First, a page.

Thursday, August 16, 2018
StoryCorps Comes to Trinity This Fall. Aims at Bridging Divides Through Discussion

StoryCorps Comes to Trinity This Fall. Aims at Bridging Divides Through Discussion

AMANDA HAUSMANN ’21

NEWS EDITOR

This Homecoming Weekend, Trinity will welcome archivists from the nonprofit StoryCorps to conduct and record interviews with members of the Trinity community through their new initiative: One Small Step. Trinity students, alumni, and community members will have the opportunity to sign up for a one-on-one, 40 minute conversation with someone who shares a different political and societal viewpoint that will be published in the StoryCorps Archive at the American Folklife Center in the Library of Congress.

The idea to have StoryCorps’ One Small Step come to the Trinity campus came when Trinity’s V.P. of Communications and Marketing Angela Schaeffer heard about One Small Step in a piece on NPR. Trinity’s Director of Media Relations and Community Outreach Kathy Andrews recalls “discussing how great it would be to have these kinds of conversations at Trinity, and decided: why not ask StoryCorps if they’d come to campus? Particularly in light of Bridging Divides programming at Trinity throughout 2017-18 and the kinds of discussions and visiting speakers we’d been having, it seemed a terrific way to build on those efforts.”

Andrews says StoryCorps was ecstatic about coming to Trinity and joining the initiative of Bridging Divides, especially because Trinity was eager to include members of the Trinity community aside from students and faculty, such as Hartford community leaders and alumni. The outreach into Hartford is key, since One Small Step discussions are between strangers who are often in different geographic locations and would not usually interact with each other.

In addition to Schaeffer and Andrew’s efforts to bring One Small Step to Trinity, faculty members Irene Papoulis and Lucy Ferriss both “got involved as point people on this initiative because they are consummate storytellers and communicators and they both have many contacts in the community,” says Andrews. Dr. Ferriss has been a strong supporter of this initiative as she proposed a similar idea of storytelling during Common Hours in the past and even participated in a political forum called “The Listening Project.” Dr. Ferris believes that “simply by holding these dialogues at Trinity and airing a selection of them on the radio, StoryCorps is letting it be known that Trinity is a place where people should feel free to speak their minds regardless of their opinions or orientation. That tends to have an effect on the people who want to come and be part of our community.” Dr. Papoulis adds that “so much of our experience of the public sphere involves images, video and the written word—I love the fact that Trinity is helping to remind us how powerful it can be simply to listen to two people talking.”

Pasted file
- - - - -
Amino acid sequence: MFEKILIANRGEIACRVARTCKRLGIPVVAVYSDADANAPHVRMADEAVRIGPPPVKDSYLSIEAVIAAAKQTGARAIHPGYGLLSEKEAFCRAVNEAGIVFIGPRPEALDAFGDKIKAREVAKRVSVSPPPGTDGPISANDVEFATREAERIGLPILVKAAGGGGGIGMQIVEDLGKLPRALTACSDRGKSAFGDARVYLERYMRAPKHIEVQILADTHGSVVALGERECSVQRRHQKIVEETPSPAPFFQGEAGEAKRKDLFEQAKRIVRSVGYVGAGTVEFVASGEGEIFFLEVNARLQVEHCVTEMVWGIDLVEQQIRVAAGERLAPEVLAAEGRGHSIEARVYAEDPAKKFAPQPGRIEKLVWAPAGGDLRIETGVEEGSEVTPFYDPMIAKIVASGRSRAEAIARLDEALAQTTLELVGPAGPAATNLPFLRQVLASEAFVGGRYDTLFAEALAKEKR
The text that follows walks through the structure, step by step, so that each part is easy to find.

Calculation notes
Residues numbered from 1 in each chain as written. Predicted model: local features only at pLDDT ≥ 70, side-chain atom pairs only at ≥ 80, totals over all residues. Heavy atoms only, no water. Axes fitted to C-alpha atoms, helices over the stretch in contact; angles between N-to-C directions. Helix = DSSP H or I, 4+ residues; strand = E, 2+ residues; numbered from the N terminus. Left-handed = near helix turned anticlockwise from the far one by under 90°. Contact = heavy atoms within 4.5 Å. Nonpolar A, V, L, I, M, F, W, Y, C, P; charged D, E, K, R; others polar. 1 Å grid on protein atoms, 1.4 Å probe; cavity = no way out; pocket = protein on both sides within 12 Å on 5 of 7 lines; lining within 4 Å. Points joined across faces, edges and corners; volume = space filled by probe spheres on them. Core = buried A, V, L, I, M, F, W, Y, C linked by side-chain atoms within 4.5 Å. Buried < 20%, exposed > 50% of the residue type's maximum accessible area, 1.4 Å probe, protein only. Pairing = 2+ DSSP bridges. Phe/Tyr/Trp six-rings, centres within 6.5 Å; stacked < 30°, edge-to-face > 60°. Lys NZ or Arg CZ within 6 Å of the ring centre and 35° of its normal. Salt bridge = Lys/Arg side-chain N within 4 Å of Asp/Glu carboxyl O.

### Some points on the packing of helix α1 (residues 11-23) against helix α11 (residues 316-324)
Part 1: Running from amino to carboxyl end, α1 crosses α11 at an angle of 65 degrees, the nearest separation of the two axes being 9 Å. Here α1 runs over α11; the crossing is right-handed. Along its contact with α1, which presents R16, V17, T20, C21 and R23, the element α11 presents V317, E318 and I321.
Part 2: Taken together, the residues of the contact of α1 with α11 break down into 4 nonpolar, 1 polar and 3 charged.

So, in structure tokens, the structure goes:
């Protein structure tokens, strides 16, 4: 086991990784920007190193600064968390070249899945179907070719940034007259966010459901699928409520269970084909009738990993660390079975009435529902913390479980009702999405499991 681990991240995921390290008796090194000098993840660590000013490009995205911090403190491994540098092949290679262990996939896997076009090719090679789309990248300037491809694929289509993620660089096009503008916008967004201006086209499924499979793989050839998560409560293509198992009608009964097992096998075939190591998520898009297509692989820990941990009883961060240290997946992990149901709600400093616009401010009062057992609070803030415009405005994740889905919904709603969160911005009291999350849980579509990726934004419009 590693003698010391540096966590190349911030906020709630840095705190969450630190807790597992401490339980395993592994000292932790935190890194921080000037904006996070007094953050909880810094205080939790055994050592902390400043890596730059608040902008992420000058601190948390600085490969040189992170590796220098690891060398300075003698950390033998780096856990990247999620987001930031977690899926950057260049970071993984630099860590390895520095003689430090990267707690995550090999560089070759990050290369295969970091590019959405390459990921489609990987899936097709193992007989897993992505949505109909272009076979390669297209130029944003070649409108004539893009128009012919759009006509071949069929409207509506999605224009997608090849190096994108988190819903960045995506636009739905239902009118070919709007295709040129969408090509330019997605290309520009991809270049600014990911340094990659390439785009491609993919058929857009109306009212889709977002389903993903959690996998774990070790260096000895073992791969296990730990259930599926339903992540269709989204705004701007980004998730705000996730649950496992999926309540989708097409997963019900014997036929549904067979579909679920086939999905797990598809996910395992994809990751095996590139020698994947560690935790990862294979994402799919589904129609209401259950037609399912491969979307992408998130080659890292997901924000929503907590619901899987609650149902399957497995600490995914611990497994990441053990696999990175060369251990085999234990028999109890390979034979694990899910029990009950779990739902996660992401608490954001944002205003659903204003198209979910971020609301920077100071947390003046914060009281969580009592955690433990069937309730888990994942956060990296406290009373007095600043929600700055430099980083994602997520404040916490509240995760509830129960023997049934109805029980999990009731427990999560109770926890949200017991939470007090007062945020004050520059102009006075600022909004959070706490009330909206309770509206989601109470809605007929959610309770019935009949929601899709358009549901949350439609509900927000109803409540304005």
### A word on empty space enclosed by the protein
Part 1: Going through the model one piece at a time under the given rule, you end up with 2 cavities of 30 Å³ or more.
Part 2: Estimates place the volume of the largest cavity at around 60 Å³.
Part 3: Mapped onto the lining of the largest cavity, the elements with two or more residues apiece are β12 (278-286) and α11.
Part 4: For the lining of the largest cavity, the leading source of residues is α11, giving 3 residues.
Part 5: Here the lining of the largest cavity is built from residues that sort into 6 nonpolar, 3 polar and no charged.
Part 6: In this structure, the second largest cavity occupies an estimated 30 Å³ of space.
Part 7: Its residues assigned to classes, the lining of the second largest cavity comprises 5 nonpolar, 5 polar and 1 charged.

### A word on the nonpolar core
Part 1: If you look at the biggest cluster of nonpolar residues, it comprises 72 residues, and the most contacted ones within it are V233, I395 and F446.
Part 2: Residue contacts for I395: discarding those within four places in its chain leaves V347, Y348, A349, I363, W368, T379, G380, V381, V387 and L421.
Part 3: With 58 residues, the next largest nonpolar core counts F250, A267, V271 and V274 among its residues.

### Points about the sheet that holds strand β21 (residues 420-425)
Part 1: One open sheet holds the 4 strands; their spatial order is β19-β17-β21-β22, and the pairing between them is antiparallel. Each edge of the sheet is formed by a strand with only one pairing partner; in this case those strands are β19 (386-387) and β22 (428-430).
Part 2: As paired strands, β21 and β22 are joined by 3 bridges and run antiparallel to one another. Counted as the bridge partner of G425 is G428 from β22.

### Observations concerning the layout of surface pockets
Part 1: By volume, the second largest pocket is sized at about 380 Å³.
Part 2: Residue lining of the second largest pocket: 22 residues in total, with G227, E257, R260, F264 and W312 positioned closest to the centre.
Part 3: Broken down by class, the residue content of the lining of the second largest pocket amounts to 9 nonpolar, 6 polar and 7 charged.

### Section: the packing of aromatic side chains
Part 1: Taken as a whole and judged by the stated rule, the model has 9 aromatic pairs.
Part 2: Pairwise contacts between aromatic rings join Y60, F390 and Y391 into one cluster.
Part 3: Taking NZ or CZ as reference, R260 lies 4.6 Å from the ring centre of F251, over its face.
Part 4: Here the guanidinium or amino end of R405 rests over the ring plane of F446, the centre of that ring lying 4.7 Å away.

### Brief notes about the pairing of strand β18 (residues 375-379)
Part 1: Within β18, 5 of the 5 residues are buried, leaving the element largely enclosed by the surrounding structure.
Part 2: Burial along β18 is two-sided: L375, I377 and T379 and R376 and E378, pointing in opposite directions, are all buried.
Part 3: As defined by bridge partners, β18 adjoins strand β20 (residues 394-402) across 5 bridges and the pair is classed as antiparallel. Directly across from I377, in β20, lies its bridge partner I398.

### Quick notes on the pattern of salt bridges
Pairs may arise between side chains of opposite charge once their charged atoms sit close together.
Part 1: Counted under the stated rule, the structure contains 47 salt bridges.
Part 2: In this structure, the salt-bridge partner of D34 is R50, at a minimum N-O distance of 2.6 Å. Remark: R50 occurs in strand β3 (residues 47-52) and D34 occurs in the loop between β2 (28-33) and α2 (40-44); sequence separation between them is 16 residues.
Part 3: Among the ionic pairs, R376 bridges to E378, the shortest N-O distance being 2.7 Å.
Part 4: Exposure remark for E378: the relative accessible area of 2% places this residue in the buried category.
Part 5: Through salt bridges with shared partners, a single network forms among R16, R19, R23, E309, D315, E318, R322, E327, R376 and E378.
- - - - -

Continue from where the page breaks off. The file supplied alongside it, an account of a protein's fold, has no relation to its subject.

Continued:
The One Small Step discussions are guided by a StoryCorps moderator, later to be preserved in the Library of Congress. In a recent press release, The Rockefeller Foundation, who issued a $1 million grant to StoryCorps, making One Small Step possible, said, “because participants are aware that these interviews become part of American history—and available for future generations—at the Library of Congress, there is a remarkable level of thoughtfulness, honesty and civility to these conversations that stands in contrast to the tone often found on social media and elsewhere.”

One Small Step is the first of two similar programs being held in the fall. The second is Intelligence Squared, a nonprofit that seeks to address extreme political polarization, coming to Trinity, tentatively, Sept. 12 or 13. Those interested in participating in One Small Step can sign up by August 15 through a survey on Trinity Today and can email questions to onesmallstep@trincoll.edu. The conversations will be recorded from Oct. 11 through Oct. 13. “The time is always right for such things, but it’s particularly urgent right now, with deep rifts in our larger society evident everywhere, including on our campus,” says Dr. Ferris.

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